With the win, Daniel also qualified himself a spot on Team Canada for the 2016 Rio de Janeiro Paralympic Games.
“The swim was a battle, I had to give everything on the bike,” Daniel said. “I’m so happy right now, to win that, it’s been my goal since I was a kid. I didn’t have any pressure on myself this race. I had a good year and I wanted to give it everything I could. The goal was to win today, now I have my Rio qualification out of the way and now I can focus on next year.”
In the women’s race, Lauren Steadman (GBR) completely crushed the field by holding onto a lead that she earned early. As she exited the waters she was up by over a minute and never lost any time throughout the whole race. She earned the gold medal and a consecutive World Championship title without any threat. Second place went to Grace Norman (USA) who impressively overtook Kate Doughty (AUS) in the run to get the silver medal, while Doughty ran over for bronze.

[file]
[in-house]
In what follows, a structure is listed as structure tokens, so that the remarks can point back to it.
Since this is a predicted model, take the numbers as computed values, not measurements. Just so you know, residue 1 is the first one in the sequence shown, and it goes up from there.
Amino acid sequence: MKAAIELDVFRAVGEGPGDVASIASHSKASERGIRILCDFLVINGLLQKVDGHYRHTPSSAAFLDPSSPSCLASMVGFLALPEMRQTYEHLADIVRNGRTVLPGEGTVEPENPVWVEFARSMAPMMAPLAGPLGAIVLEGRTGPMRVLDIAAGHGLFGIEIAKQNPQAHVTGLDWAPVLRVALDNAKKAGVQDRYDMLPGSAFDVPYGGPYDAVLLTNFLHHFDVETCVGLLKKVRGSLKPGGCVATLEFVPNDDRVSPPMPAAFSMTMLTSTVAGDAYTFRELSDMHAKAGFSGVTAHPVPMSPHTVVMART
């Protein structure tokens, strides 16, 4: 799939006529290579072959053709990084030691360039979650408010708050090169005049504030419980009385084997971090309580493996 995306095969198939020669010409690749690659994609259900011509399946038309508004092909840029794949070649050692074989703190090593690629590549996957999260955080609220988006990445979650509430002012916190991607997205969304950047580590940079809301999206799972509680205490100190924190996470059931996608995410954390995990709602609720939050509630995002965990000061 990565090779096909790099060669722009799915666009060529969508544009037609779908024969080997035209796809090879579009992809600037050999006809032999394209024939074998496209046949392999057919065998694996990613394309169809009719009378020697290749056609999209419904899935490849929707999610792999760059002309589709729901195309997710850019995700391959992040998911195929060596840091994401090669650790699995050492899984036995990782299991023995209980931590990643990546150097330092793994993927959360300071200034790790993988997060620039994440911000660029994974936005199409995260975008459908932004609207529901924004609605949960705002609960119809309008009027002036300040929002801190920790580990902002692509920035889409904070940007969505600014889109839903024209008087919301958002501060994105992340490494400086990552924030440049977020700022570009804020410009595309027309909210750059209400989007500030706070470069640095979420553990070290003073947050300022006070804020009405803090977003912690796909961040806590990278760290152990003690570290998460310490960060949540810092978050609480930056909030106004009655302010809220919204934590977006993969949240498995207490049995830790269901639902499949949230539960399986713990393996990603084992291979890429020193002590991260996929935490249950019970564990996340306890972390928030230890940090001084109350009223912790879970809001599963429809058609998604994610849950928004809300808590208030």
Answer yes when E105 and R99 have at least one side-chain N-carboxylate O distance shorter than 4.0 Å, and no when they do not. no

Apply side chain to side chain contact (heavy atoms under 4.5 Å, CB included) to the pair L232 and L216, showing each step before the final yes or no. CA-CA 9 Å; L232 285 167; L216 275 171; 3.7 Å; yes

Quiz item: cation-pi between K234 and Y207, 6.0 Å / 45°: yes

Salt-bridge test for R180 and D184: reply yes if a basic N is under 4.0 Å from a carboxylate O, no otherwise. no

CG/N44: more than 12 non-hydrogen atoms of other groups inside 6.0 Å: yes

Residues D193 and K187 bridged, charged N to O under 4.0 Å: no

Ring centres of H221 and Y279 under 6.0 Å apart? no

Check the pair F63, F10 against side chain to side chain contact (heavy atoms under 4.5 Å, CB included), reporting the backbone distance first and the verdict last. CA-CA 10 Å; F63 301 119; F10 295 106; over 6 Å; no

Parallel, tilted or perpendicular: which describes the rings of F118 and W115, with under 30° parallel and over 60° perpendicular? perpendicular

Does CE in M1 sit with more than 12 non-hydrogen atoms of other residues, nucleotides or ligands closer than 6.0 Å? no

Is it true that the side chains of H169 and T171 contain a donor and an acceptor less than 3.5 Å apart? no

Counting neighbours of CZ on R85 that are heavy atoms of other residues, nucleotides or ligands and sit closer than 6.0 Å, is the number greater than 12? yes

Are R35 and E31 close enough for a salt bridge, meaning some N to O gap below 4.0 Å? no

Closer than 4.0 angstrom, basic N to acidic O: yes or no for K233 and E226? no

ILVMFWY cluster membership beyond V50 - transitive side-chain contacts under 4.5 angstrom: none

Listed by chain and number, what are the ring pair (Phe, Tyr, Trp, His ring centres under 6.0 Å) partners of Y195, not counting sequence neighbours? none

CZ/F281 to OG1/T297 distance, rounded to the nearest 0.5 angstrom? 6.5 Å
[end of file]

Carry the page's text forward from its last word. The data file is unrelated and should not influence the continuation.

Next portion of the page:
“It’s a fantastic feeling, I’m really pleased,” Steadman said. “The girls are fiercely competitive and I knew I had to do something really well to win. I didn’t have the best swim so I tried to pull up on the bike, which I did. And then on the run I just tried to have the best run of my life.”
Oliver Dreier (AUT) took home the World Champ title in the men’s PT3 race. Dreier trailed in the first two disciplines of the race, but was able to take the lead after a noteworthy performance on the run. His gold medal signaled a comeback after coming in second place in the 2014 World Championships. Silver was awarded to the lead swimmer, Alejandro Sanchez Palomero (ESP), while the bronze went to Australian Justin Godfrey.
In the women’s race, Australia claimed yet another World Championship after Sally Pilbeam finished strong to walk away with the gold medal. Joining her on the podium was compatriot Kerryn Harvey and Saskia Van Den Ouden (NED).
USA swept the podium yet again in the women’s sport class. Allysa Seely grabbed her first World Championship title after outrunning compatriots Melissa Stockwell and Hailey Danisewicz. While the race was first controlled by Finland’s Liisa Lilja, who came out of the swim in the front and then held onto the lead for the first couple of laps on the bike. Stockwell then pushed through to overtake Lilja and stake claims on getting to the podium in her hometown city. But down to the last wire, it was Seely who came out on top. Danisewicz took second place and was followed by Stockwell for the bronze. The trio also shared the podium at the Rio Test Event.